Learn Swiss in 5 minutes
Swiss (Schwiizertüütsch/Schwiizerdütsch/Schweizerdeutsch) is a quite different language to formal German (Hochdeutsch). It still has not been formalized, although this was attempted once and failed dismally. Not much is printed in Swiss, nearly all business and education is done in formal German (albeit that the German spoken in Switzerland differs from that spoken in Germany to the same extent that English spoken in the UK and the USA differ).
Yet everyone speaks Swiss here, and mostly as a mothertongue. Mind you, this is done in various dialects and accents and with variations in its laconic, melodic phrasing. Some argue that the lack of formalisation has strengthened the use of the language and prevented it from being diluted with formal German. What is indisputable is that the lack of formalisation has helped preserve the dialectical richness over a very small country.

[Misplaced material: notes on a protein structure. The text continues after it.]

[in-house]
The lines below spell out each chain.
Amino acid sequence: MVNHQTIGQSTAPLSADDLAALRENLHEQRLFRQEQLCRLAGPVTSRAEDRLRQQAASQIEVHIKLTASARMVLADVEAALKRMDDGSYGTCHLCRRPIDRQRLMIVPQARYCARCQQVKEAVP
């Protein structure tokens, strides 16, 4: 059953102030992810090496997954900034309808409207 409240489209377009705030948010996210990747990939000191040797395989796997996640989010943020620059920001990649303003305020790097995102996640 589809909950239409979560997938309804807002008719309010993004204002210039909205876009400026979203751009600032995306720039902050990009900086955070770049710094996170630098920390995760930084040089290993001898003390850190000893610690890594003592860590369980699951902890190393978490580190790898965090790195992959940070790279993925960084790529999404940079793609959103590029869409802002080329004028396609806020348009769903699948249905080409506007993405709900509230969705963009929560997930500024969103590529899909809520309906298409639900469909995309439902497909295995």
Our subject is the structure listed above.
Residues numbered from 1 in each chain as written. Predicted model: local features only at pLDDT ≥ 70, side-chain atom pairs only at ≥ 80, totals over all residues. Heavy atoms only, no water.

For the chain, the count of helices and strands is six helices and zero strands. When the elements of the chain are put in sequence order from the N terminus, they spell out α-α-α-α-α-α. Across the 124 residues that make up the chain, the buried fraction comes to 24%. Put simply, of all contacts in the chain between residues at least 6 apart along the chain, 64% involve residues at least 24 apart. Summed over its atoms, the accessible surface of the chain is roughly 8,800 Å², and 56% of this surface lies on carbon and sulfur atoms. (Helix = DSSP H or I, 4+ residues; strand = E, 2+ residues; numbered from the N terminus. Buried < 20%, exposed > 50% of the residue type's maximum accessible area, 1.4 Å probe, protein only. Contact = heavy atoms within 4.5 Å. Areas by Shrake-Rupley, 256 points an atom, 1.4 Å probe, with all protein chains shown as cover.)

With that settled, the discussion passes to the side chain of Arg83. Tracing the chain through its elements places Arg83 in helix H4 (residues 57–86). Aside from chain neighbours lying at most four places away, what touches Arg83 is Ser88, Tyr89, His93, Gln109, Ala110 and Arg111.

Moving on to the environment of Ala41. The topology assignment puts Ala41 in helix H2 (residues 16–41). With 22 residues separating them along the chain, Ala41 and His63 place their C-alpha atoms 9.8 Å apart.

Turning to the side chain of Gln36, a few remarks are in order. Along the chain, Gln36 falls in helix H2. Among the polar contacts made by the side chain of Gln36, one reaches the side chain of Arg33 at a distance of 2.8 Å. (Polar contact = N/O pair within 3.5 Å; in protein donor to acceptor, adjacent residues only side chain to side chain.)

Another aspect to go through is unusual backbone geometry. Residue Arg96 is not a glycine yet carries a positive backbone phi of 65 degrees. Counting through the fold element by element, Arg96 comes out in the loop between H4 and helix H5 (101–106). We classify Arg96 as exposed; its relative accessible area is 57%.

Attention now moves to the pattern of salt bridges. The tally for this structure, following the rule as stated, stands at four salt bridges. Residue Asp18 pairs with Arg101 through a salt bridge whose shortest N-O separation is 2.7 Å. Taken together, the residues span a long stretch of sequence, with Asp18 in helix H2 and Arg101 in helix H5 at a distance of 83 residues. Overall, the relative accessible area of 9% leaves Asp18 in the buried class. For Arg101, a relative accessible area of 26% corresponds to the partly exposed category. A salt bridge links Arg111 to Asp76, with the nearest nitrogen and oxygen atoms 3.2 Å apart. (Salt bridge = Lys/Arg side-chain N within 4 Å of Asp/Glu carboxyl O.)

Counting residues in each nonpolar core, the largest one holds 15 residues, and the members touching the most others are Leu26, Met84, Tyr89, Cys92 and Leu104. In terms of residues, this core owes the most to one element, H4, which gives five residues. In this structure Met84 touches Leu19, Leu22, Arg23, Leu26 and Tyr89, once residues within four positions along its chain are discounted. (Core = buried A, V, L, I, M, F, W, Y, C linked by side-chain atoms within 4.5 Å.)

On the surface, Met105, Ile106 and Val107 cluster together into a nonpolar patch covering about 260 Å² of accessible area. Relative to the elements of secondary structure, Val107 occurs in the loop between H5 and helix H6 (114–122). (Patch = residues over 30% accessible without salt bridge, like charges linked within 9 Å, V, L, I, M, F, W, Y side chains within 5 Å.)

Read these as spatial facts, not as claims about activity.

Apart from the deviation in the vocabulary and the spelling, the grammar has only 3 basic tenses and only 2 cases (General and Dativ). Expressing subtleties is a problem (similar to what I have found in Afrikaans, which also the lacks the grammatical richness of Hochdeutsch or English).
The pronounciation is such that k's, kk's, r's and the ch-diphtoungh are deep, gutteral frickatives (fonetic [X]), which will even put the Afrikaans g-sound (as in 'Ag, genade!') to shame. Just thinking about the spoken swiss language can give you a dry throat.
An Instant Swiss guide for German speakers:
- Smoke a big cigar to get the back of yourh throat all roughed up
- Put your head in a bucket of water
- Speak German while putting the words to an arbitary song, remembering to purposely make the occasional grammatical mistake
Voila. You now speak Swiss / Sii cha Schiizertüütsch.
In the end, I just spoke normal German and that worked just fine - they understood me and I understood them.